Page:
A small, annual midsummer gathering in the early 70s had, by the mid-80s, grown into a massive June-long event. Crowds of 50,000 camped and parked their mobile homes on the downland turf for the biggest free festival in British history, complete with live music and the open use of illegal drugs. Stonehenge itself was surrounded by razor wire and policed by guard dogs. Eventually, the National Trust (who own the land) and English Heritage (who manage the stones) banned it.
An unfortunate result was the battle of the Beanfield, which erupted when police stopped a travellers’ convoy heading to Stonehenge. The national council for civil liberties investigated the incident (both sides accused the other of unprovoked violence) but there has been no full inquiry.
It took years of debate and new management schemes to overcome the legacy of ill-feeling bequeathed by the festival’s enforced closure. Its existence, however, was incompatible with what most visitors expected of Stonehenge. As time passed, a resolution of the conflict allowed an entirely new infrastructure to be created. next summer, we will be able to see if it works.
2013: New visitor centre opens at Stonehenge
From 18 December 2013, visitors to Stonehenge can engage with the history of the monument in a brand new visitor centre – part of a £27m Stonehenge Environmental Improvements Programme instituted by English Heritage.
One of the centre’s highlights will be a 360-degree virtual experience of Stonehenge, which will allow visitors to ‘stand in the stones’, while some 250 prehistoric artefacts will be on display in the building’s permanent gallery. The objects on show – on loan from the Salisbury and South Wiltshire Museum, the Wiltshire Museum, and the Duckworth Collection at the University of Cambridge – were all found at the ancient site and many will be on public display for the first time. Among the exhibits will be an antler pick from a red deer, which was used to dig the ditch at stonehenge (see the picture earlier in this feature). It was placed on the floor of the ditch after digging was complete, possibly as a commemoration. the site’s first temporary exhibition, which will examine more than 800 years of ideas and debates about Stonehenge, will open on 18 December.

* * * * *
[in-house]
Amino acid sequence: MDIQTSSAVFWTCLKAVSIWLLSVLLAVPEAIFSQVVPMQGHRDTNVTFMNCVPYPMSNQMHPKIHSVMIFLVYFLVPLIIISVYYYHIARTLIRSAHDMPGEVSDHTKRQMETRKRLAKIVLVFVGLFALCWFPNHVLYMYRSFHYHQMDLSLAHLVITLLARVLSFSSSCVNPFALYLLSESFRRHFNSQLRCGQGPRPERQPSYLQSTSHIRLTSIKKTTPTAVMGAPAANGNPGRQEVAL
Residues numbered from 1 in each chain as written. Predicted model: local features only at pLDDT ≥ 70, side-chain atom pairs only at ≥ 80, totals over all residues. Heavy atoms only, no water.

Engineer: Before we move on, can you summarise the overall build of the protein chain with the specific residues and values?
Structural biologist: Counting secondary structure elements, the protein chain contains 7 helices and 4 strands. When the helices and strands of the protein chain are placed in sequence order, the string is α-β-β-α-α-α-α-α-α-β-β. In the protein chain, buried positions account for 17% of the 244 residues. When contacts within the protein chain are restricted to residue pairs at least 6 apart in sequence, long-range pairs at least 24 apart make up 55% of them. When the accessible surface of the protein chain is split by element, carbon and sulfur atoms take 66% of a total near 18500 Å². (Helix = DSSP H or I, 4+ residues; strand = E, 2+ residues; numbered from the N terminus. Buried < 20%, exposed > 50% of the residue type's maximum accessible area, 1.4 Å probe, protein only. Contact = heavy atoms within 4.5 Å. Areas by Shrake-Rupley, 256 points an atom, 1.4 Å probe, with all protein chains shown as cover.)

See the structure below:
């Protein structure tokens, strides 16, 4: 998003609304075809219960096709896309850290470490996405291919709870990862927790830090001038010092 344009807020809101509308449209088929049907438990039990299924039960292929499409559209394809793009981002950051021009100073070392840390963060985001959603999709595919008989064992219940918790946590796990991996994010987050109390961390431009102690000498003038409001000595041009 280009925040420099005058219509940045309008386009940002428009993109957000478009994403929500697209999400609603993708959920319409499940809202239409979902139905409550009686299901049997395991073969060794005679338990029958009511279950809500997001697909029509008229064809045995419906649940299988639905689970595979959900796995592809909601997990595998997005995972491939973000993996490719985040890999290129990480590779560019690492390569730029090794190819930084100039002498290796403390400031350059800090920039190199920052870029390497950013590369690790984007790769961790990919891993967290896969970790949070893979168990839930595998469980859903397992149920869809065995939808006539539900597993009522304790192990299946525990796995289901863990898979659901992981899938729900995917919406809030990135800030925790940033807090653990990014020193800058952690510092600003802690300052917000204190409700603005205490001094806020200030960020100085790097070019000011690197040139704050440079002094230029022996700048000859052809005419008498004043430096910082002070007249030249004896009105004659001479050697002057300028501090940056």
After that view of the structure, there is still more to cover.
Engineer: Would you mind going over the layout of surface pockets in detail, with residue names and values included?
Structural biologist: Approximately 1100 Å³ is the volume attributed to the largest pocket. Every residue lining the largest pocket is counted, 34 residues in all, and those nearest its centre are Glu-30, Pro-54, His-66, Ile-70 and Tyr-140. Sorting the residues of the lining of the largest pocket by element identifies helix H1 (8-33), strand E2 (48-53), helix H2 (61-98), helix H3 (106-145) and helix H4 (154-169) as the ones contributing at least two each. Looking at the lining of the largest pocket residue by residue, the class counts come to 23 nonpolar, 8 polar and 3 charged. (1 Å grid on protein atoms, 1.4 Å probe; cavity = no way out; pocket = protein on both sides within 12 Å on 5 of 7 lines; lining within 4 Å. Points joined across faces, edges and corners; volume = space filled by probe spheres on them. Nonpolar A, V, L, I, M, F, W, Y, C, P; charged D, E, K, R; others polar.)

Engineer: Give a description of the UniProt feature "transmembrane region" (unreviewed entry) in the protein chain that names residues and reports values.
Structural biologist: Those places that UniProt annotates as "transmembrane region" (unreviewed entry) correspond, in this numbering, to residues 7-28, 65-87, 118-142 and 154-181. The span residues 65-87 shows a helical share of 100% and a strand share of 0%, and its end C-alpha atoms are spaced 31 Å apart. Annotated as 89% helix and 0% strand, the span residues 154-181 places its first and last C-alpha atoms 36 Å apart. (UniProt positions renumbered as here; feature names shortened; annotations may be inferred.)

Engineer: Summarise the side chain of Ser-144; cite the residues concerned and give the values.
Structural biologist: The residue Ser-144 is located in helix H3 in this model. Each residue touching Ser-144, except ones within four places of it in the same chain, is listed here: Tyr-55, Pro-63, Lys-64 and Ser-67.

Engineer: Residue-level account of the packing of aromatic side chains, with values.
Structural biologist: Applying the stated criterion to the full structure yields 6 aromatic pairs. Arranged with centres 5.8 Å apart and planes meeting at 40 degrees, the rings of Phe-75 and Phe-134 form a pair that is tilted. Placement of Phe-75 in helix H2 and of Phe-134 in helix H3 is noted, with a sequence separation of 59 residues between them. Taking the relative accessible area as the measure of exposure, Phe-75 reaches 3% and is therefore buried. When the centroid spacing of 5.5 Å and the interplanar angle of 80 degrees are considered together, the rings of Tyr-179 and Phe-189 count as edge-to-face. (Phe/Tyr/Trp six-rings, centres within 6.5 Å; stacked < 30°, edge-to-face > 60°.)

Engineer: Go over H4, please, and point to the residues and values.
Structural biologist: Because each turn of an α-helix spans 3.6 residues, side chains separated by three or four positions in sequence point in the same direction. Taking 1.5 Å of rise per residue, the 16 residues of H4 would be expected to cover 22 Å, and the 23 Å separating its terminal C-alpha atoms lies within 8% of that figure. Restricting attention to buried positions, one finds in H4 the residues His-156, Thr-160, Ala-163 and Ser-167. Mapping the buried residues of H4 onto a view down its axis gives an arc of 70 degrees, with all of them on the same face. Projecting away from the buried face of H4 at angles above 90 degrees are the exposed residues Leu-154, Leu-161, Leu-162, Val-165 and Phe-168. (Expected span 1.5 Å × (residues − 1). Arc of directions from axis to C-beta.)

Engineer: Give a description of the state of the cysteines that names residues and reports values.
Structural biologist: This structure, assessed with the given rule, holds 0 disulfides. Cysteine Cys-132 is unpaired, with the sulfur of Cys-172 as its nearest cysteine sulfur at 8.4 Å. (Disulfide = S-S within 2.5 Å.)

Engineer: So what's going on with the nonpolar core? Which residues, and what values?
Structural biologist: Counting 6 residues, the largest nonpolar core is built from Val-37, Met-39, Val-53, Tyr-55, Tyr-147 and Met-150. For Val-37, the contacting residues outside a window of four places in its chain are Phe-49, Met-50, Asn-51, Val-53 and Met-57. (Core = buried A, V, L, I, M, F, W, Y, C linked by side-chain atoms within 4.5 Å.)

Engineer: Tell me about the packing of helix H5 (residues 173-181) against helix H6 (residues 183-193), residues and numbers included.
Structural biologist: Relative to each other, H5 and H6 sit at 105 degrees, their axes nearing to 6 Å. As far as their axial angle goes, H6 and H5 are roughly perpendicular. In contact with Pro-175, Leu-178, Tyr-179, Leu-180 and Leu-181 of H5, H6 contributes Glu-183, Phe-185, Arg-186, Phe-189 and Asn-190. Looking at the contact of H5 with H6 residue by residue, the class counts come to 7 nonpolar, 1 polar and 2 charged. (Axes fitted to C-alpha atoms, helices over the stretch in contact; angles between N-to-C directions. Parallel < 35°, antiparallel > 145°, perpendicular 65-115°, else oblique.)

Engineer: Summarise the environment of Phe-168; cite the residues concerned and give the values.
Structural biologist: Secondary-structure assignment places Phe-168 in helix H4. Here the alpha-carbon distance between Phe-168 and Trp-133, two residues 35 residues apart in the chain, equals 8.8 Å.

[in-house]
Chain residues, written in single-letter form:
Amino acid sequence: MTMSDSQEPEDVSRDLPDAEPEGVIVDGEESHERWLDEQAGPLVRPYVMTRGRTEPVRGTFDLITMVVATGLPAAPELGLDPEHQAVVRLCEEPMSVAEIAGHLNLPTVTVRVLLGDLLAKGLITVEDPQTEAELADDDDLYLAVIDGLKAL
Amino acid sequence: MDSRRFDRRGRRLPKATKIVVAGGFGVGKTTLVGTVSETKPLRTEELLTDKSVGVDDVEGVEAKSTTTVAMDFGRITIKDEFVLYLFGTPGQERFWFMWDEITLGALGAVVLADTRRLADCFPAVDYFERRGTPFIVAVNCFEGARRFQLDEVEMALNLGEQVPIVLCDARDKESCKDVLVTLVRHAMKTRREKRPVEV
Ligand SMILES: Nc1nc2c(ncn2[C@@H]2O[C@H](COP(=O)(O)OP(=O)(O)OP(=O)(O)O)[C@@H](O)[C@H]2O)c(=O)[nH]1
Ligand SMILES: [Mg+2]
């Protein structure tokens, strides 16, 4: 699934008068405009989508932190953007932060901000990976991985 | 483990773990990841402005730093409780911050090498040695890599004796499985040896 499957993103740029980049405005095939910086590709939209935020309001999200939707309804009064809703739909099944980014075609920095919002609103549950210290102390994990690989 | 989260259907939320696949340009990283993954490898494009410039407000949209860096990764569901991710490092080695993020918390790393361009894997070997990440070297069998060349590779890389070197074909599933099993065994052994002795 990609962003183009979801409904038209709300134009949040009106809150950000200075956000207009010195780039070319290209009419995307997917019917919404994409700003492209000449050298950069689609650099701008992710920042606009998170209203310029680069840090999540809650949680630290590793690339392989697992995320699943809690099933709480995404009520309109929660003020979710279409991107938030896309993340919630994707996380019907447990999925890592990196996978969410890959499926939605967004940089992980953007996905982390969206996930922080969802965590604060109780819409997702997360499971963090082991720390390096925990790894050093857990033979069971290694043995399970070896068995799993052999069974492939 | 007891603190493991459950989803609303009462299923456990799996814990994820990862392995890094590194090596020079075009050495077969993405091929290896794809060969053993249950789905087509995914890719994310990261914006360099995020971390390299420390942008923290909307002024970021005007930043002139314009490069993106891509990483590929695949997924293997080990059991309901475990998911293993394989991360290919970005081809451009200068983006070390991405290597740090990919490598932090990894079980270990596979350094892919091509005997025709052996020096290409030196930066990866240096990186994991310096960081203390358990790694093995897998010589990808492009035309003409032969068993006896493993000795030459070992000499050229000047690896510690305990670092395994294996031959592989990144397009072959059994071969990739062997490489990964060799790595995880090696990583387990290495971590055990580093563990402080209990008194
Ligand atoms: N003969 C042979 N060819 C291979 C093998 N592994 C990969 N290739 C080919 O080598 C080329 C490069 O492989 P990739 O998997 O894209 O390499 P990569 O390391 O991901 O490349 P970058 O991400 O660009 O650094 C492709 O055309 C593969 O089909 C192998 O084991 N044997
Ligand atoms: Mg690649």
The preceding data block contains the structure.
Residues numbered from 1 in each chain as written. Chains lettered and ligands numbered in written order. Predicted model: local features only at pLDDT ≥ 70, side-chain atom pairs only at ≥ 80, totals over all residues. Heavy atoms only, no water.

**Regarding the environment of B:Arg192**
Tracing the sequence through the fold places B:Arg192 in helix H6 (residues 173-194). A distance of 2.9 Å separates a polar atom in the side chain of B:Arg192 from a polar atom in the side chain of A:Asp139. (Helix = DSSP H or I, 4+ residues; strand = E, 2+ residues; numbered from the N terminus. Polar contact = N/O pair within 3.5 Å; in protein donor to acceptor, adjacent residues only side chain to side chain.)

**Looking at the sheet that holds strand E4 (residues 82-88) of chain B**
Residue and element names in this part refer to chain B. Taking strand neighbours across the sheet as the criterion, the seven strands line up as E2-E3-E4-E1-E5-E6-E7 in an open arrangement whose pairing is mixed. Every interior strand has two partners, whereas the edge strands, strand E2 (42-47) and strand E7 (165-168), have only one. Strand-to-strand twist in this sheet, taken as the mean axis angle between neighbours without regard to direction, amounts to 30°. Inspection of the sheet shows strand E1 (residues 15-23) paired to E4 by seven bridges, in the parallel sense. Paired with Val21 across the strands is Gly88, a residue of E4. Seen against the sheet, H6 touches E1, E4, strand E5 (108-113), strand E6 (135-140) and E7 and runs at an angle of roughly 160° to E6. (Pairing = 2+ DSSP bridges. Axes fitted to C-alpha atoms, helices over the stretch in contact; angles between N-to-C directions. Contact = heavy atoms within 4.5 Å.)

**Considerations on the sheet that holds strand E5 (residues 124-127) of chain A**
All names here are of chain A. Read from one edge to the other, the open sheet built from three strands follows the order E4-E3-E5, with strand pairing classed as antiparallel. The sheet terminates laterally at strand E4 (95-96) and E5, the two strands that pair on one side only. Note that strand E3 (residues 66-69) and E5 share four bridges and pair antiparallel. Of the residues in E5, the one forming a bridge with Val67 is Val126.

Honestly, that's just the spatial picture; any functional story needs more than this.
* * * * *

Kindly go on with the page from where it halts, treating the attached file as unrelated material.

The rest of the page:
Meanwhile, an outdoor gallery will give visitors the opportunity to explore a group of reconstructed Neolithic huts, built by volunteers from January 2014, and get a feel for how the builders of Stonehenge may have lived.
The visitor centre is located at Airman’s Corner, some 1.5 miles from Stonehenge. Shuttle buses will operate between the centre and the ancient site for those who do not wish, or are unable, to walk.
Mike Pitts is editor of British Archaeology magazine and has led excavations at Stonehenge.
This article was first published in the Christmas 2013 issue of BBC History Magazine